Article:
Quentin Heath makes an intelligent move and shows how to program for strategy
TO PLAY traditional games such as chess, and adventures like The Hobbit, a computer must not only have some idea of the conditions or rules of play but it must also be able to evaluate its moves depending on the way in which its human opponent reacts.
To make a computer play against a human, the programmer must get away from the machine and look at the ways in which humans play games.
The task is made all the more difficult as the human mind performs evaluation tasks, such as choosing almost automatically which piece to move next on a chess board by looking at the patterns set up on the board and the relationships between the pieces.
A computer cannot perform in the same way as a human brain, as it cannot think in terms of concepts, mental pictures, or even words. It also has no way to evaluate situations about which it has not been told by one of its programs or, directly, by a programmer.
To circumvent that difficulty programmers have had to limit the power of programs which play games such as chess and find ways of representing play patterns in a form which can be read by the computer. The most obvious, and primitive, way is to give a numeric representation to situations and objects which the computer can then hold in its memory.
Figure 1. Knight threatens King
The way in which the patterns are held and used to represent events in a program depends on the type of game being played. The two main categories are strategy, which I will look at now, and adventure, which I will discuss in the next article.
The strategy type of game can be sub-divided further into games such as Stonkers - which depend on events and positioning to win - and games such as chess which depend on the pattern of relationships between playing pieces. Those differences may be subtle but it is easy to see them if you look at how a computer plays chess.
In a game such as chess the pieces are given numbers to signify the rank they hold. For instance, pawns might each be given the value one - on a scale of one to 10 - and the Queen might be given the value nine. The reason is that pawns can move across only one or two squares at a time, whereas Queens can move any number of squares, either vertically, horizontally or diagonally.
That is not sufficient, though, as the positions which the pieces may take in a game need to be evaluated. During the opening, therefore, the squares on the board are given values which correspond approximately to their importance during the first few moves. At that time the important central squares of the board might be given the value of 10 and the wing squares, used by pawns and rooks, might be given two, since they are not so important.
The values of the squares will start to change as the computer takes account of which enemy pieces are threatening the squares and which pieces are on them.
The mechanics of looking at squares opposite a position are simple but repetitive to perform. For instance, if the board was held in a two-dimensional Basic array - figure one - the computer would take account of the pieces in the array - Rook, Knight and Queen - which are near the position of the white King from which the computer is scanning.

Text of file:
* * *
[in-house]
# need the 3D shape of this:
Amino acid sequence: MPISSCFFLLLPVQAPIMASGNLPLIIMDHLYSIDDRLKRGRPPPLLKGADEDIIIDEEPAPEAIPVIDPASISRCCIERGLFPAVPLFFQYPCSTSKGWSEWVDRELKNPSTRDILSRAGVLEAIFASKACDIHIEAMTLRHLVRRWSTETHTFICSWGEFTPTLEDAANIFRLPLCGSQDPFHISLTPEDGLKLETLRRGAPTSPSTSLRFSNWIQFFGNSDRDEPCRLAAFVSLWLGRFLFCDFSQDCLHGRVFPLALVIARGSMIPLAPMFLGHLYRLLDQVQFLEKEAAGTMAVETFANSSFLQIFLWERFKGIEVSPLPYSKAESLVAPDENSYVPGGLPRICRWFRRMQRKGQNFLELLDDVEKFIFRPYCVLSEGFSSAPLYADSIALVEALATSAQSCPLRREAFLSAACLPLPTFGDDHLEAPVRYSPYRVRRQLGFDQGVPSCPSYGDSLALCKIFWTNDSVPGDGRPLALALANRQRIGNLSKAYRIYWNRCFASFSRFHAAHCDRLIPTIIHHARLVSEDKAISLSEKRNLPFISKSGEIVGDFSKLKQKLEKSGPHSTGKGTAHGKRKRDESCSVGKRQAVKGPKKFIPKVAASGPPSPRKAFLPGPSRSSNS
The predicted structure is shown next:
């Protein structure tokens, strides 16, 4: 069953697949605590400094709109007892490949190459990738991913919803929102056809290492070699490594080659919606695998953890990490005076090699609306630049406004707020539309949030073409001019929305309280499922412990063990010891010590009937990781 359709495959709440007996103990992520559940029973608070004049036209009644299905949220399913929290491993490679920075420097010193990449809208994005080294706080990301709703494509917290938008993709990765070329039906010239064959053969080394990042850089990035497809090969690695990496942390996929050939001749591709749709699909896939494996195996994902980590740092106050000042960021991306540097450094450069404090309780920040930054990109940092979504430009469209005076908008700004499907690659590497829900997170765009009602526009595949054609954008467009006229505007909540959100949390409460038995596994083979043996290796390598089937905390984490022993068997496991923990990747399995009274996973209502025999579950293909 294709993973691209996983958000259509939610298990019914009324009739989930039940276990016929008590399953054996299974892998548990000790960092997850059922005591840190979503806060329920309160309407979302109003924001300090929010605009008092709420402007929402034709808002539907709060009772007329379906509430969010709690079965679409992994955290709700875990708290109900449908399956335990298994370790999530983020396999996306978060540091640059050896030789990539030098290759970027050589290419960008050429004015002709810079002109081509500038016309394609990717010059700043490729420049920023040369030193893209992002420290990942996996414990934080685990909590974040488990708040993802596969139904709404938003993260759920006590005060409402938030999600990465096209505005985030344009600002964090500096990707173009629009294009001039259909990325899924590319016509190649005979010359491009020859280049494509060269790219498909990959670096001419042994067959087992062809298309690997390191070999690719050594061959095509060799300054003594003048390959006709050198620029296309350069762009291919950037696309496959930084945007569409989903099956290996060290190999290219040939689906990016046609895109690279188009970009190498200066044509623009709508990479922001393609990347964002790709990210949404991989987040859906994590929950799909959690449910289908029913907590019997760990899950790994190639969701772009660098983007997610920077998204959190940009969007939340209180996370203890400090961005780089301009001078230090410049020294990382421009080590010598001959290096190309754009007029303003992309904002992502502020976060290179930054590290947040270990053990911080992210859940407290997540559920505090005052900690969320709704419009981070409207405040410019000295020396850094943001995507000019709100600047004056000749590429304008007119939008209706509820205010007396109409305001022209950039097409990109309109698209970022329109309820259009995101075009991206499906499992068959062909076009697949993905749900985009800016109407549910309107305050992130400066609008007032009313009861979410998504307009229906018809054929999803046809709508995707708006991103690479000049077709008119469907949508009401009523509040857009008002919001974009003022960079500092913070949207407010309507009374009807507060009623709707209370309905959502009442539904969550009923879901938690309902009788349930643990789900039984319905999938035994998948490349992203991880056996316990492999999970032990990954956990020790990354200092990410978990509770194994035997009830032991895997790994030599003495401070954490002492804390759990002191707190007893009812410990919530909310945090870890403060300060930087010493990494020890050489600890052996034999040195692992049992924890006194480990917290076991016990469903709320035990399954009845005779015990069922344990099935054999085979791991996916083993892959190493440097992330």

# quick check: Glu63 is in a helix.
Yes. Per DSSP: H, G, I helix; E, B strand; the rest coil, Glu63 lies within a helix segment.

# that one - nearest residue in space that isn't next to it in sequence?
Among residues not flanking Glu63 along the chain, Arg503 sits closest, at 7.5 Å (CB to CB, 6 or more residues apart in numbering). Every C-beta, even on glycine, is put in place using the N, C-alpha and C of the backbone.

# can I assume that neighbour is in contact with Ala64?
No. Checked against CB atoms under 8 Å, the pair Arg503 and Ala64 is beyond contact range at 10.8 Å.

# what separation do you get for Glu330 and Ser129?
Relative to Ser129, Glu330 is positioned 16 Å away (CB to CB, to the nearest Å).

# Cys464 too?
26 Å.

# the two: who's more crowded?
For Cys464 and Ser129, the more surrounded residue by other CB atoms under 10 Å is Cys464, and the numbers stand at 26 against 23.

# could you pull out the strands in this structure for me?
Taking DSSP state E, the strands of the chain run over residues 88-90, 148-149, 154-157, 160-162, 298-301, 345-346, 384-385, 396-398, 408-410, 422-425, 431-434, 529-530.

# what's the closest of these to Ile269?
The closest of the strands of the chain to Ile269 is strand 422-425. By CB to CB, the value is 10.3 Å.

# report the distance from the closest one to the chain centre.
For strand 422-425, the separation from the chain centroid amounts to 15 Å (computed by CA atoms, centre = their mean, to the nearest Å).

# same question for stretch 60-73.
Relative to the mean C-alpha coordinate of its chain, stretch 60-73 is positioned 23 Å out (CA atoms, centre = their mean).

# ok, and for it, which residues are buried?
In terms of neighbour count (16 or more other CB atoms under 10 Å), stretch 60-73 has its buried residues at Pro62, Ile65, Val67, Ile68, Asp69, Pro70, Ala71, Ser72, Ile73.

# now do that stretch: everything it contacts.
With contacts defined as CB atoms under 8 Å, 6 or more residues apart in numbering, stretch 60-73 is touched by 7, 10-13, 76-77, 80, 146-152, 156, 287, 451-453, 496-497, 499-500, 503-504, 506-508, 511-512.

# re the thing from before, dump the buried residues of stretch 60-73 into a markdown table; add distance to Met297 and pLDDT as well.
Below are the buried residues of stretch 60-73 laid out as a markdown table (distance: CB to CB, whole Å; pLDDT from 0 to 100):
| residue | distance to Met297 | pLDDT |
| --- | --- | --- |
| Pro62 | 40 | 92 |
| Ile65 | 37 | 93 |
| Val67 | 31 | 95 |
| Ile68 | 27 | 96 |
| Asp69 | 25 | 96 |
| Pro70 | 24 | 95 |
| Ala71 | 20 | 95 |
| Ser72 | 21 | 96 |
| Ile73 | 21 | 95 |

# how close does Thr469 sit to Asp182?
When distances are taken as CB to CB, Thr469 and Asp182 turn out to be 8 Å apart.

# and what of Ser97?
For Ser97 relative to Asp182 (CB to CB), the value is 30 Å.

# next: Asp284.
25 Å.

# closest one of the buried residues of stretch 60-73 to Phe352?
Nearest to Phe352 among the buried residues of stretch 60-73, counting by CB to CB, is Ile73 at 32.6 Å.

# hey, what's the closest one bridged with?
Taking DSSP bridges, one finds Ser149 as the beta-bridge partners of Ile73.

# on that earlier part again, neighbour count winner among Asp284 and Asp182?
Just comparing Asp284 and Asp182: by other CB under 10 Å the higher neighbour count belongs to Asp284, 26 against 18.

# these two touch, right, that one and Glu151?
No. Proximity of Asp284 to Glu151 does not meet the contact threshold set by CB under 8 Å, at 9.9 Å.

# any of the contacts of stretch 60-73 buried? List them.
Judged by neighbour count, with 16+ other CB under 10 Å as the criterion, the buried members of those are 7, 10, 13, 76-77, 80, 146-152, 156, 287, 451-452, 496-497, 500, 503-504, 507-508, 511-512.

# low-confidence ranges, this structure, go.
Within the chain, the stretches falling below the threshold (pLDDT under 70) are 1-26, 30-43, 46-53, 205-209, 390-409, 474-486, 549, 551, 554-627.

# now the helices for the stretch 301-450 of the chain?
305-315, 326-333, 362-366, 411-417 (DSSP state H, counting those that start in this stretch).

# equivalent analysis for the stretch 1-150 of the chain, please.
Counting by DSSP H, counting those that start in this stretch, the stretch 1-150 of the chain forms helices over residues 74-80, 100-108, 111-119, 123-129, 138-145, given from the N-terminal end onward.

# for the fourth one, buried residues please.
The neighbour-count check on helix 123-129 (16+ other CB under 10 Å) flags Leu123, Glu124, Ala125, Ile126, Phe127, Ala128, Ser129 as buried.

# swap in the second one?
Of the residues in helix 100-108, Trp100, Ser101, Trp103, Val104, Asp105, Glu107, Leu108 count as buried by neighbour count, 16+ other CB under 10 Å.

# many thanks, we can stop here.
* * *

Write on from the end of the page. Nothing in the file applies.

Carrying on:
By finding the 'rank' numbers of the pieces which are in opposition to the white King and the numerical importance of the squares on which they are sited the computer will then be able to tell which pieces, if any, are a threat. In figure one the Knight would be the overt threat.
The fundamentals of numeric analysis are not the only factors which are important to the computer during play. It also needs a game strategy, a set of rules which it follows continually in conjunction with its number play.
Most chess programs look first to see whether they can force a checkmate. If not, they will then look to see if any allied pieces are in danger and their value and importance. That done, it will see if it can take any other pieces, using the numeric representation of pieces and playing squares to determine the best moves. That process continues until the first option, checkmate, is fulfilled or it is mated itself.
The same kind of tactics can be applied to strategy games such as Stonkers from Imagine Software which, I am told, uses sophisticated artificial intelligence algorithms.
For instance, the game could be set in the countryside where two armies are fighting. The lay of the land can be split into sectors using a grid and each of the sectors can be given a value depending on their importance.
An example of a typical war game scenario is:
To obtain a position rating you must add the piece points to those of the place on which that piece stands in the scenario.
From the points list it is obvious that artillery which is shooting on flat ground - 4+5=9 - would have no chance against a tank on a hill - 9+9=18. A massacre would result and the computer could predict it using the numeric tables stored in its memory.
In a professional war game the programmer has much more to think about than the values of positions and pieces. The weather also has to be taken into consideration, as well as the pace at which armies can march.
All those aspects can be represented in numeric terms on a scale of one to 10 or even one to 100. The manner in which it is done is the prerogative of the programmer.
The area of strategy gaming is one in which it is easy to see that a programmer has to do more than write computer code. Most of the work is performed away from the computer and usually involves compiling a version of reality into a file of numbers which can be fed into a computer.